As far as Hollywood has come telling LGBTQ stories, there's still a long way to go -- and many creators in the community are counting on YouTube and other digital platforms to point the way.
Pushing for diversity in a tense political climate was the driving theme of OUT Web Fest 2017's premiere on May 12, where digital stars Tyler Oakley, Gigi Gorgeous and Ari Fitz were recognized for how they've used YouTube to create a deeper understanding of the LGBTQ community in ways that wouldn't have been possible just a decade ago.
"The number one thing I would hope for is YouTube realizes their power of empowering, and the people that are out there realize that it's not always the people with millions of subscribers that are making an impact," Oakley told TooFab on the YouTube Space LA red carpet. He was there to be presented with the Vanguard Award for raising LGBTQ visibility and acceptance.
This comes a time when YouTube is shifting focus to its more famous stars, trying to be more advertiser-friendly and taking on mainstream television with a new streaming service called YouTube TV.
Oakley said he hoped people realized the power of smaller creators in the LGBTQ community. "Often it's the people that have an engaged audience, who feels a connection, and that can be a subscriber base of 100 people, 1,000 people. It's not all about the big numbers, it's about those connections."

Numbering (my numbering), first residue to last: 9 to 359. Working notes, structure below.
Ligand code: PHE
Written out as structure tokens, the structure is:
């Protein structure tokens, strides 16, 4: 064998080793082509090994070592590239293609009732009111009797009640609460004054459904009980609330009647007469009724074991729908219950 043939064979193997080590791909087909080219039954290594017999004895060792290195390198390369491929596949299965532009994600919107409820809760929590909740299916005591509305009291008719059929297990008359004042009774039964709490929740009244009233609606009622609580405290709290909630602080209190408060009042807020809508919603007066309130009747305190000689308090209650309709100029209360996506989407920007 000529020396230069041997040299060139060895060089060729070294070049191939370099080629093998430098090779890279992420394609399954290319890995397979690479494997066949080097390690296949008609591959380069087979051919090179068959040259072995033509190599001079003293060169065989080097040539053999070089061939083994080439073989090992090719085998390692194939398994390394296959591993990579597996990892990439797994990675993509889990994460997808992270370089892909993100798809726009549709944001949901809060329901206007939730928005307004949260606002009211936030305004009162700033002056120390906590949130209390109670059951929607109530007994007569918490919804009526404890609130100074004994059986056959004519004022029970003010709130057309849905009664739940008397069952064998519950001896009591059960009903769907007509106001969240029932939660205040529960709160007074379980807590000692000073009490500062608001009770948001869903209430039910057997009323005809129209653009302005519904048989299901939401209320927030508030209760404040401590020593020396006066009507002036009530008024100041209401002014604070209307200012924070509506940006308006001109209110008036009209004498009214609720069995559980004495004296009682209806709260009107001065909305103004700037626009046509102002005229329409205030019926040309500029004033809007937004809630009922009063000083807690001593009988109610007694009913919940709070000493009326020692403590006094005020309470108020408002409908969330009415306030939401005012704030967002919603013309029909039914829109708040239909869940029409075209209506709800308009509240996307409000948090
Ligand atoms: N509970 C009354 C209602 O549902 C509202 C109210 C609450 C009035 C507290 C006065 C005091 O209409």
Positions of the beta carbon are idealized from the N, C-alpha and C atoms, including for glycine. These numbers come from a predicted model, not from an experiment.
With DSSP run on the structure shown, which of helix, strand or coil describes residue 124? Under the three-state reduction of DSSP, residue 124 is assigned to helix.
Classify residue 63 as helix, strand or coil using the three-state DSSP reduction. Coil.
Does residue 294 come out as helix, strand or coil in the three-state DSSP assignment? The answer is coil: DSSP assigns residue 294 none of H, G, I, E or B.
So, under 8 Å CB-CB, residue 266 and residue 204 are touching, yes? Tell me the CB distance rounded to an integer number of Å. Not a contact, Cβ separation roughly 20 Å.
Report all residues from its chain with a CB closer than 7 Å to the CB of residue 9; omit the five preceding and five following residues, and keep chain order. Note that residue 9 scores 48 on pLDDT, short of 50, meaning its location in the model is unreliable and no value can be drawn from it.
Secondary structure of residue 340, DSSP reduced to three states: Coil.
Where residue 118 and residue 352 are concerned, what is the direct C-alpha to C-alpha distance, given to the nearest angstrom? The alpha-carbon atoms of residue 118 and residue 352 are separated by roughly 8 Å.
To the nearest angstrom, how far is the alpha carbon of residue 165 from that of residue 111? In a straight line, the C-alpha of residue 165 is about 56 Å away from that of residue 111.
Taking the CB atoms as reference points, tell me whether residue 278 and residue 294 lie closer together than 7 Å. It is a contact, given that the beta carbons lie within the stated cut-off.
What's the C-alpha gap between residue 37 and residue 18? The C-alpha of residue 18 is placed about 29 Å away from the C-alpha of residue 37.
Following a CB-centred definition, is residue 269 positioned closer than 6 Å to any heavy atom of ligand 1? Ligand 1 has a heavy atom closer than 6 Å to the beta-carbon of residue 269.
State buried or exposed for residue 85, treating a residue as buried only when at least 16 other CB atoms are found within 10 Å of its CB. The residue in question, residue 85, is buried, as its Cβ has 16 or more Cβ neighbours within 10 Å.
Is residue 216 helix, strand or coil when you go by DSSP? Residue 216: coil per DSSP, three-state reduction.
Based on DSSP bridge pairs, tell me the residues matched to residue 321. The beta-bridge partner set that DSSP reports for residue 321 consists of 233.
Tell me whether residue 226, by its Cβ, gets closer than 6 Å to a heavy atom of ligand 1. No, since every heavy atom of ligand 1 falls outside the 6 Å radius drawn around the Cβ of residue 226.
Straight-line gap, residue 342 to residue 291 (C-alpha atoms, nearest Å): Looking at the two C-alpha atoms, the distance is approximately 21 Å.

The web festival featured a screening of "This Is Everything: Gigi Gorgeous," a Sundance film about the trans YouTube star created by Oscar-winning documentary filmmaker Barbara Kopple.
Gigi told TooFab that her father's prominent role in the film, which is now available on YouTube Red, could help parents of LGBTQ youth who may not understand what their children are experiencing.
"My father is an icon because he literally listened, and he took into account everything that I was going through, because he loved me," she said. "At the end of the day, love trumps hate and love will conquer all."
Androgynous model, YouTuber and "Real World" alum Ari Fitz had a similar goal for her first filmmaking project "My Mama Wears Timbs," currently raising funds on Kickstarter.
"I'm doing a documentary about a pregnant butch woman, and how pregancy and masculinity can co-exist, and how you can wear menswear and also be very, very pregnant," she said. "It's so dear to my heart, it's really cool to be able to do that project -- and I met her through YouTube. It's cool how the two spaces can come together."
"Transparent" star Trace Lysette told TooFab that while digital platforms like Amazon and Netflix have made big strides with LGBTQ representation, there was still a lot of room to grow.
"We've seen the intro, and things that are becoming a little cliche," she said. "I know to the trans community, we want to get further than 'Hi, I'm trans.' We are full people, and while we are trans it's not all of what we are, and sometimes I feel that we get reduced to that. So I think the next step is to get past the sensational aspect of it, and get into the nuance and all the beautiful colors that exist in between transition and everything else."
OUT Web Fest was sponsored by REVRY, an exclusively LGBTQ streaming service that is "all about community and inclusivity," said CEO Damian Pelliccione.
"In today's world, especially with everything that's going on politically, it's super important to be telling authentic stories that really represent who we are as a community."